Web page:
This chapter discusses topics as diverse (and often ongoing) as the increasingly prominent role of state and federal regulation in the practice of medicine, the rising power of local health planning agencies, challenges in raising the public's awareness of osteopathic medicine and building on gains made, the professional liability insurance crisis, the economic crises facing hospitals and the resulting mergers and acquisitions, regulations in dealing with alternative healthcare delivery systems (eg, health maintenance organization, preferred provider organizations), cutbacks in Medicare reimbursements, challenges to postdoctoral training and education programs, inadequate insurance reimbursements, and difficulty in securing managed-care contracts. 
Another interesting feature of this book are the scattered profiles and vignettes of leaders of the profession from Ohio: Mac F. Hulett, DO; William E. Reese, DO; Emmons R. Booth, DO; James O. Watson, DO; William S. Konold; Richard A. Sheppard, DO; Donald C. Siehl, DO; and John P. Stevastos, DO. Indeed, many of the profession's current leaders are from this great state—including, as noted, the AOA's 2004–2005 president. These profiles nicely describe the efforts of these leaders and help readers better appreciate the time-tested strength of our profession. 
The book's three thorough appendices are especially informative, offering, respectively, a “Timeline of Osteopathic Medicine in Ohio,” complete with symbols indicating state milestones; “Past Presidents of the Ohio Osteopathic Association”; and “Ohio's Osteopathic Hospitals.” This third appendix is accompanied by several evocative photographs that depict especially proud moments for osteopathic medicine in Ohio: groundbreaking ceremonies, the unveiling of progressively larger plans for institutional development, a nursery when the baby boom was underway, open houses, and building dedications. Although, sadly, many of these institutions no longer exist, in one way or another they all contributed to the history of osteopathic medicine in Ohio.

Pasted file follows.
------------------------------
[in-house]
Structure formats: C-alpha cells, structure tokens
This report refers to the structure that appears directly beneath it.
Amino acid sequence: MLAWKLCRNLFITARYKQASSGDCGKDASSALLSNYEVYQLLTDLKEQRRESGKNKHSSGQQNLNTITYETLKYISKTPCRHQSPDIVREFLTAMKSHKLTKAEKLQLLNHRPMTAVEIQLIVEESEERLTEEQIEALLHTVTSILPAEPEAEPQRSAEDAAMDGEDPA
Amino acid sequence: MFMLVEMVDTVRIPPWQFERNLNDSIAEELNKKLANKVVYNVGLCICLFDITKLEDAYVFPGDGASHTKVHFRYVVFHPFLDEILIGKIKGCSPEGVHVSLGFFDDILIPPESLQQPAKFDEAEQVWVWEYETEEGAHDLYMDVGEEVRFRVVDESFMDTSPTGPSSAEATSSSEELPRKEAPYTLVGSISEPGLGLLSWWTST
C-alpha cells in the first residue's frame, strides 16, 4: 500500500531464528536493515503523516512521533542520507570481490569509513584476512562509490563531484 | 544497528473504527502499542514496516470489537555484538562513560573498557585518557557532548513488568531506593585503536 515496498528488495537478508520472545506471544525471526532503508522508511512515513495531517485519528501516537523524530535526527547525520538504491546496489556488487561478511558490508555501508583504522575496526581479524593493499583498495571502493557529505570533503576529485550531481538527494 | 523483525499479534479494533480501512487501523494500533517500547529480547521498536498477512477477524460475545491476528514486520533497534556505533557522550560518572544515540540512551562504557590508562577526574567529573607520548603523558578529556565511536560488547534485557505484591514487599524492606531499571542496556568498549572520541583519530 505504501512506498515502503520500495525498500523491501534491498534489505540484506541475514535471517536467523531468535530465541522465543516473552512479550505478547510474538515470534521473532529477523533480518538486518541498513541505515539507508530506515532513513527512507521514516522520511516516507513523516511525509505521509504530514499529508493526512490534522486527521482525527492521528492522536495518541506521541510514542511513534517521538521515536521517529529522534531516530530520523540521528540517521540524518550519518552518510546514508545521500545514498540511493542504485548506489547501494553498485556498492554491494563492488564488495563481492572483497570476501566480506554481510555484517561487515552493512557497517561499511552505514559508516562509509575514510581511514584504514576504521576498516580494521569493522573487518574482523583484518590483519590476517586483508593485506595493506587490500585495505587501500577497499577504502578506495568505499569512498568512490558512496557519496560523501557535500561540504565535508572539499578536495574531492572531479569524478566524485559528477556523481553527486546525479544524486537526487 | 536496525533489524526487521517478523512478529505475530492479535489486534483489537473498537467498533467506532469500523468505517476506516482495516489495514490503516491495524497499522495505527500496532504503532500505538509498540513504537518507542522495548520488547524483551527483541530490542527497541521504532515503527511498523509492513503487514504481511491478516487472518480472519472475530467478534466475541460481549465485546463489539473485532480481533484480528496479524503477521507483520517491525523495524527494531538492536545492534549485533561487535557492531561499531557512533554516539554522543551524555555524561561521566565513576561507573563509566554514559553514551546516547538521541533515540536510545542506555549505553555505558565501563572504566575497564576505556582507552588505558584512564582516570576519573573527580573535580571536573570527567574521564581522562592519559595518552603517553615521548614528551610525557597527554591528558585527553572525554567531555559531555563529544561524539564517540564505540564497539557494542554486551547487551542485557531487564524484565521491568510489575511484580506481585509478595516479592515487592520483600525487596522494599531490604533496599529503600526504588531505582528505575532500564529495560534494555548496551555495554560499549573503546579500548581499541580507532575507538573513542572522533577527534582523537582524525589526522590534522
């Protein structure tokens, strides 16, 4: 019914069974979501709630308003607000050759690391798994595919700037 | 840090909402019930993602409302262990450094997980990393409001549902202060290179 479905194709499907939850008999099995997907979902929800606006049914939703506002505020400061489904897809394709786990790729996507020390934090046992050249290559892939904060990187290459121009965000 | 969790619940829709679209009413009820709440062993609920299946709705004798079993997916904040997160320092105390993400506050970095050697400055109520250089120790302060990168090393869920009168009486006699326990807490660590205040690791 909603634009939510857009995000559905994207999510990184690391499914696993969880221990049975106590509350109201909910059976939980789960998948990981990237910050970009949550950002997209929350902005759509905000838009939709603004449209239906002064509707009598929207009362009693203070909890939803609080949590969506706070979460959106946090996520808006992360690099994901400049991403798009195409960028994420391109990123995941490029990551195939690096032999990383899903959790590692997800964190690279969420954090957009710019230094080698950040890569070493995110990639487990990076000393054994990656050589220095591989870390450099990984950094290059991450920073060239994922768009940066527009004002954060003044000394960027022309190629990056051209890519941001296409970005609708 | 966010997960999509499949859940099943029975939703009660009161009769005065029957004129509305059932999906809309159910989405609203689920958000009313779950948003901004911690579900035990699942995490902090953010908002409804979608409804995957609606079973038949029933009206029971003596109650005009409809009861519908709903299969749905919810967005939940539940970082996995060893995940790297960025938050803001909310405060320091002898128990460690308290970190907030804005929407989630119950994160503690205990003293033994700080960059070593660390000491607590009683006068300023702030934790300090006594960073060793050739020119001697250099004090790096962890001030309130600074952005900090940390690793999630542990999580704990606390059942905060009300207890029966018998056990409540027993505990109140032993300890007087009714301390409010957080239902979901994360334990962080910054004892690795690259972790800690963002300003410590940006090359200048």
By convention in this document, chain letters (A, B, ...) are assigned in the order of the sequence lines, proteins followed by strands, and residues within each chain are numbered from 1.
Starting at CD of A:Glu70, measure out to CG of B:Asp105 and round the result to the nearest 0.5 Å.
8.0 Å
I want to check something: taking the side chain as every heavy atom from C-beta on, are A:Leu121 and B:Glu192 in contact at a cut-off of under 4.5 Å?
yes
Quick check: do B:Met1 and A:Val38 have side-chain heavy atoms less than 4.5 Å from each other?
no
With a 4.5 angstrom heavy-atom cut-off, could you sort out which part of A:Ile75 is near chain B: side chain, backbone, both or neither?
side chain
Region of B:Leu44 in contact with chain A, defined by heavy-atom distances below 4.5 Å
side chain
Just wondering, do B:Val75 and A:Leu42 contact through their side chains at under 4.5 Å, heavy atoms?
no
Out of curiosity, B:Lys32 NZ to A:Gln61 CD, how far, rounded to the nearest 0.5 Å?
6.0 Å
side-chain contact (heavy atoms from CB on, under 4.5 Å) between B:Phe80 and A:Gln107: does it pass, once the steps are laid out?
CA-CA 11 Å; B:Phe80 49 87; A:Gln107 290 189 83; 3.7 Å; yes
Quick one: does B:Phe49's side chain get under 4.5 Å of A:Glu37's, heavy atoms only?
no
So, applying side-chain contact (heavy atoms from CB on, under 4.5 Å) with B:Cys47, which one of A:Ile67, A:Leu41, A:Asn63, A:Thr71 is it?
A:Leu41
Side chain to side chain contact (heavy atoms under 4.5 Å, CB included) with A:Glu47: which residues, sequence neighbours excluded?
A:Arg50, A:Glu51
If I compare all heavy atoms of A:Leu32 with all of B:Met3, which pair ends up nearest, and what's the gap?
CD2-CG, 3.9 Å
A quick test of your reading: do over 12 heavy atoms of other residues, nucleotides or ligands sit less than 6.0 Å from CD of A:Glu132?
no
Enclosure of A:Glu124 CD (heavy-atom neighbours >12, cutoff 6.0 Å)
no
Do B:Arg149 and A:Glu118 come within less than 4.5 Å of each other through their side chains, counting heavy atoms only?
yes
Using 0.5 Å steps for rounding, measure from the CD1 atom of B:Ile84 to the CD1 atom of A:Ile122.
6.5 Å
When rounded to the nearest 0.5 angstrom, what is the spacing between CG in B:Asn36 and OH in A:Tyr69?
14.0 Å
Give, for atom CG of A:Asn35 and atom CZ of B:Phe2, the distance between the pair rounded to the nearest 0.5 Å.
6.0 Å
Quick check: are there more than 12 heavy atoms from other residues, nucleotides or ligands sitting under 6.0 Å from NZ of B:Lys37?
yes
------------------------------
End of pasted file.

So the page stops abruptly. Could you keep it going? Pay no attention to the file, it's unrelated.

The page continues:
The history of the osteopathic medical profession in the state of Ohio is well preserved in this compact yet comprehensive volume. Although I certainly recommend A Second Voice: A Century of Osteopathic Medicine in Ohio for all individuals who have a particular interest in studying the roots of osteopathic medicine in the state of Ohio, I also believe A Second Voice is a valuable read for any individual who would like to further explore the evolution of a professional organization. 
 By Carol Poh Miller. 161 pp. $24.95. ISBN 0-8214-1594-8. Athens, Ohio: Ohio University Press; 2004.
 Editor's note: JAOA—The Journal of the American Osteopathic Association strongly encourages interested parties to submit reviews for books on topics that might be of interest to The Journal's readers. Although JAOA is mainly interested in books about osteopathic medicine, we are also interested in books written by osteopathic physicians on any topic.